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Jesus’ Sermon on the Mount is one of the most challenging and misunderstood teachings of Jesus. The full sermon is outlined well in Mathew, chapter 5. It is challenging because it says things like if your hand causes you to sin, cut it off; if your eye causes you to sin, pluck it out; if you even look at a woman lustfully you have already sinned without having to commit adultery.

These are hard teachings and an ideal that no man can ever attain. So the question that arises is “why would Jesus give such a hard teaching that he knows very well no man can adhere to?”

Not to destroy, but to fulfil the law

The answer lies in the passage itself. Let us look at it in some detail. After giving the attitudes that we as believers should aspire to such as meekness, poverty of spirit, hunger and thirst for righteousness, purity of heart, peace-seeking and so forth and their attached blessings, or the “beatitudes” as they are often called, Jesus says something very revealing:

“Think not that I am come to destroy the law, or the prophets: I am not come to destroy, but to fulfil.” Matthew 5:17 (KJV)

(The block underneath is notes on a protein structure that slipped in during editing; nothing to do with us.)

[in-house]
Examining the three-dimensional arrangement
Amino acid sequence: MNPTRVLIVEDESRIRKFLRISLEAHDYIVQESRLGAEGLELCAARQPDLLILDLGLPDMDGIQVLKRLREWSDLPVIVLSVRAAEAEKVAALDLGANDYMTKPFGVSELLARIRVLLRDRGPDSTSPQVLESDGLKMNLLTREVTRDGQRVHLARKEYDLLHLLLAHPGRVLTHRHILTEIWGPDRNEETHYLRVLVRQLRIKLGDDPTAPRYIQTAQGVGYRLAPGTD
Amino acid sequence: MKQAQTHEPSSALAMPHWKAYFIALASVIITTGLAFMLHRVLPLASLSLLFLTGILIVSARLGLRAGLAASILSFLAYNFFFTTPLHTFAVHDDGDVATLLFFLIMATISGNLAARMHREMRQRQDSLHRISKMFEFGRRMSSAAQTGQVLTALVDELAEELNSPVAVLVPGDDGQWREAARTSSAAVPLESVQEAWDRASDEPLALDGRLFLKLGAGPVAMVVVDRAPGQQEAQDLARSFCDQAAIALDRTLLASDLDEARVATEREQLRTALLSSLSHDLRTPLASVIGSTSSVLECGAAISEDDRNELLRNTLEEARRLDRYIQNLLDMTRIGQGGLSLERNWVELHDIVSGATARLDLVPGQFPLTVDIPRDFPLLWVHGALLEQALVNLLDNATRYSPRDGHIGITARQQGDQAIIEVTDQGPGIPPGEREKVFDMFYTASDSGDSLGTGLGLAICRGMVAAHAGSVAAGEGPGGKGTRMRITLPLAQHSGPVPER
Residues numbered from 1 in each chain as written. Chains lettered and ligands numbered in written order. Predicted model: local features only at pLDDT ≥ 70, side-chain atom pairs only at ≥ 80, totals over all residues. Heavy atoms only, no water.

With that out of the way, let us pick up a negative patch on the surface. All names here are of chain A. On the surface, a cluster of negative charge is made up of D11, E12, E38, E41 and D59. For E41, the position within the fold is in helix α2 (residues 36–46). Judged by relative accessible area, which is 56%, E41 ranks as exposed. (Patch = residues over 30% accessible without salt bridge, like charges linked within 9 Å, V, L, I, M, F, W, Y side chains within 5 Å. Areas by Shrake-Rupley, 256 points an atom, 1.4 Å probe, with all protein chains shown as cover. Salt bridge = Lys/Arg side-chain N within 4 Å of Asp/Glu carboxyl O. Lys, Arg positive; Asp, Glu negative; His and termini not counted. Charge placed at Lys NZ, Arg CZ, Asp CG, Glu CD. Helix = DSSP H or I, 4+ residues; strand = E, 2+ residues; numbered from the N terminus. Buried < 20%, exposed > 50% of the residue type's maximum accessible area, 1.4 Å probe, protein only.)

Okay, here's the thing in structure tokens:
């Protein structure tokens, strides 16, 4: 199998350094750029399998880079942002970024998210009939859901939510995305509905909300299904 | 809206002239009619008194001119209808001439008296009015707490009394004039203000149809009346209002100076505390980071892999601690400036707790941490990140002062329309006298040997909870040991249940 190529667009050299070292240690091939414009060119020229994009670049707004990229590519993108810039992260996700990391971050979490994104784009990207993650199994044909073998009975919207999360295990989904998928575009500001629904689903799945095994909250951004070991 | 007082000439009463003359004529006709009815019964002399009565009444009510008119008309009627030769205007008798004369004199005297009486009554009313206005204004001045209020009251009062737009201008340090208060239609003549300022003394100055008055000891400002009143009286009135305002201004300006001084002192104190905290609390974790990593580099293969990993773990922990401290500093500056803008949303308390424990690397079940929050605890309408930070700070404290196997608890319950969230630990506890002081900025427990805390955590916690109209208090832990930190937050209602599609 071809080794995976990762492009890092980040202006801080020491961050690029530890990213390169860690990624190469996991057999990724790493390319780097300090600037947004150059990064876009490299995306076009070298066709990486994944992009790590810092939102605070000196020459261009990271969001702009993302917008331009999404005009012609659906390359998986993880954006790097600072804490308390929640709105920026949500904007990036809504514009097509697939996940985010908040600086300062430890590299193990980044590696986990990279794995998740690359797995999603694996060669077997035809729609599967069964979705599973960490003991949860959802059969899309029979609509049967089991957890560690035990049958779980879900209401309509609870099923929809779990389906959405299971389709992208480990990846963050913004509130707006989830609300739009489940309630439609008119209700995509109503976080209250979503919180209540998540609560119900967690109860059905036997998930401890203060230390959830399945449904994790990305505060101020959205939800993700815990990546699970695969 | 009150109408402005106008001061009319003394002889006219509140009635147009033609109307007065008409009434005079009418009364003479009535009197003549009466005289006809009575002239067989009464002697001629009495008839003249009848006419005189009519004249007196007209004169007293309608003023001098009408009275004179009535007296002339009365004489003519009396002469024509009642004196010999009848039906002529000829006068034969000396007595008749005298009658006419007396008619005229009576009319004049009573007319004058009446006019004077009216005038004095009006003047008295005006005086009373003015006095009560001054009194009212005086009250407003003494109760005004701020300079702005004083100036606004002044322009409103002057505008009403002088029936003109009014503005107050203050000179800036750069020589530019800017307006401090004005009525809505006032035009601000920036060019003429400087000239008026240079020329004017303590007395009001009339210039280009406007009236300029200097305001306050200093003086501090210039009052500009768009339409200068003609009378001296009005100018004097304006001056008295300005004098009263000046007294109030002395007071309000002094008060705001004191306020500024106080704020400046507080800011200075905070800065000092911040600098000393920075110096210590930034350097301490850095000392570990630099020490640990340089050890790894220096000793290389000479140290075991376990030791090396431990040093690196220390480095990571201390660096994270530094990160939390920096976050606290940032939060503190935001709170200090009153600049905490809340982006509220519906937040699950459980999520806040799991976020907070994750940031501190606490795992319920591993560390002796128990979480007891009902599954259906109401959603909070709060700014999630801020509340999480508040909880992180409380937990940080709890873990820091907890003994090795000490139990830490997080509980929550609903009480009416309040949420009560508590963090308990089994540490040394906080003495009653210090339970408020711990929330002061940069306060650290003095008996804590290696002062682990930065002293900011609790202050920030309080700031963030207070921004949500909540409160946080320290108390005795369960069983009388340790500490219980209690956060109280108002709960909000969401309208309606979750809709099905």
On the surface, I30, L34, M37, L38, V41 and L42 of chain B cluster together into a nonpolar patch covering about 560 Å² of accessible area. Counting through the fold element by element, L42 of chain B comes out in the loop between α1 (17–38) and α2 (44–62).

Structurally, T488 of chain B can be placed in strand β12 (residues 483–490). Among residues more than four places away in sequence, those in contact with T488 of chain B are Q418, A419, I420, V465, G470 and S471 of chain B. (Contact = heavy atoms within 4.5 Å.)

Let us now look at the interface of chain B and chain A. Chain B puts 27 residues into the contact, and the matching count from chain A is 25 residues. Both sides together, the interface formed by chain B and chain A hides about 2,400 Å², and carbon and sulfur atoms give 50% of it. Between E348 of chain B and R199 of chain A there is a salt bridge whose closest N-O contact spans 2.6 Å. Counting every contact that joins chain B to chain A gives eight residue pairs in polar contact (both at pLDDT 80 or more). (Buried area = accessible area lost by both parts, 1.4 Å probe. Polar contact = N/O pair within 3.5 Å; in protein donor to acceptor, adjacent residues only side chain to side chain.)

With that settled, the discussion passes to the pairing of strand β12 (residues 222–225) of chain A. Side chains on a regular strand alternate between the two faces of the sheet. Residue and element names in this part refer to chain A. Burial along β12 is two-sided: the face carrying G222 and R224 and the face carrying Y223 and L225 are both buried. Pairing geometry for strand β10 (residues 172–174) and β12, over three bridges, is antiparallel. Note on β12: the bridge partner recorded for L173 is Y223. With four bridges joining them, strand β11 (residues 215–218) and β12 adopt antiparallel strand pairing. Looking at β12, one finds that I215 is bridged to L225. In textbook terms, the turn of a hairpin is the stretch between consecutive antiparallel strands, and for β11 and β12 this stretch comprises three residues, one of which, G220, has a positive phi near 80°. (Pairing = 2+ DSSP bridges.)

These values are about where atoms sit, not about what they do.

That is the key to understanding the passage. Jesus came to fulfil the law. What follows is examples of him fulfilling the law. He goes on to say that we need to aim for a righteousness that goes beyond what was the accepted standard at the time of the Pharisees and scribes, who probably followed the law most diligently at the time, though not perfectly:

“For I say unto you, that except your righteousness shall exceed the righteousness of the scribes and Pharisees, ye shall in no case enter into the kingdom of heaven.” Matthew 5:20 (KJV)

In other words, unless our righteousness is beyond the law, we cannot be righteousness enough for the Kingdom of Heaven. But how can one be righteous beyond what the law prescribed? What follows is Jesus explaining exactly that:

The legal standard versus Jesus’s standard

“Ye have heard that it was said by them of old time, Thou shalt not kill; and whosoever shall kill shall be in danger of the judgment: But I say unto you, That whosoever is angry with his brother without a cause shall be in danger of the judgment: and whosoever shall say to his brother, Raca, shall be in danger of the council: but whosoever shall say, Thou fool, shall be in danger of hell fire.” Matthew 5:21-22 (KJV)

Pay attention to how Jesus describes what is the prevailing situation versus what he thinks should be:

YE HAVE HEARD IT WAS SAID BY THEM OF OLD TIME (i.e. according to the law or according to the legal standard)…BUT I SAY UNTO YOU (i.e. according to me or according to my standard)

Jesus is saying that the law says this, but I say that, the law has a certain standard but I have an even tougher standard. What Jesus was saying whenever he said “I say unto you” was tougher than what the law prescribed. It was an ideal that was beyond what the law required.

Who gave Jesus the authority?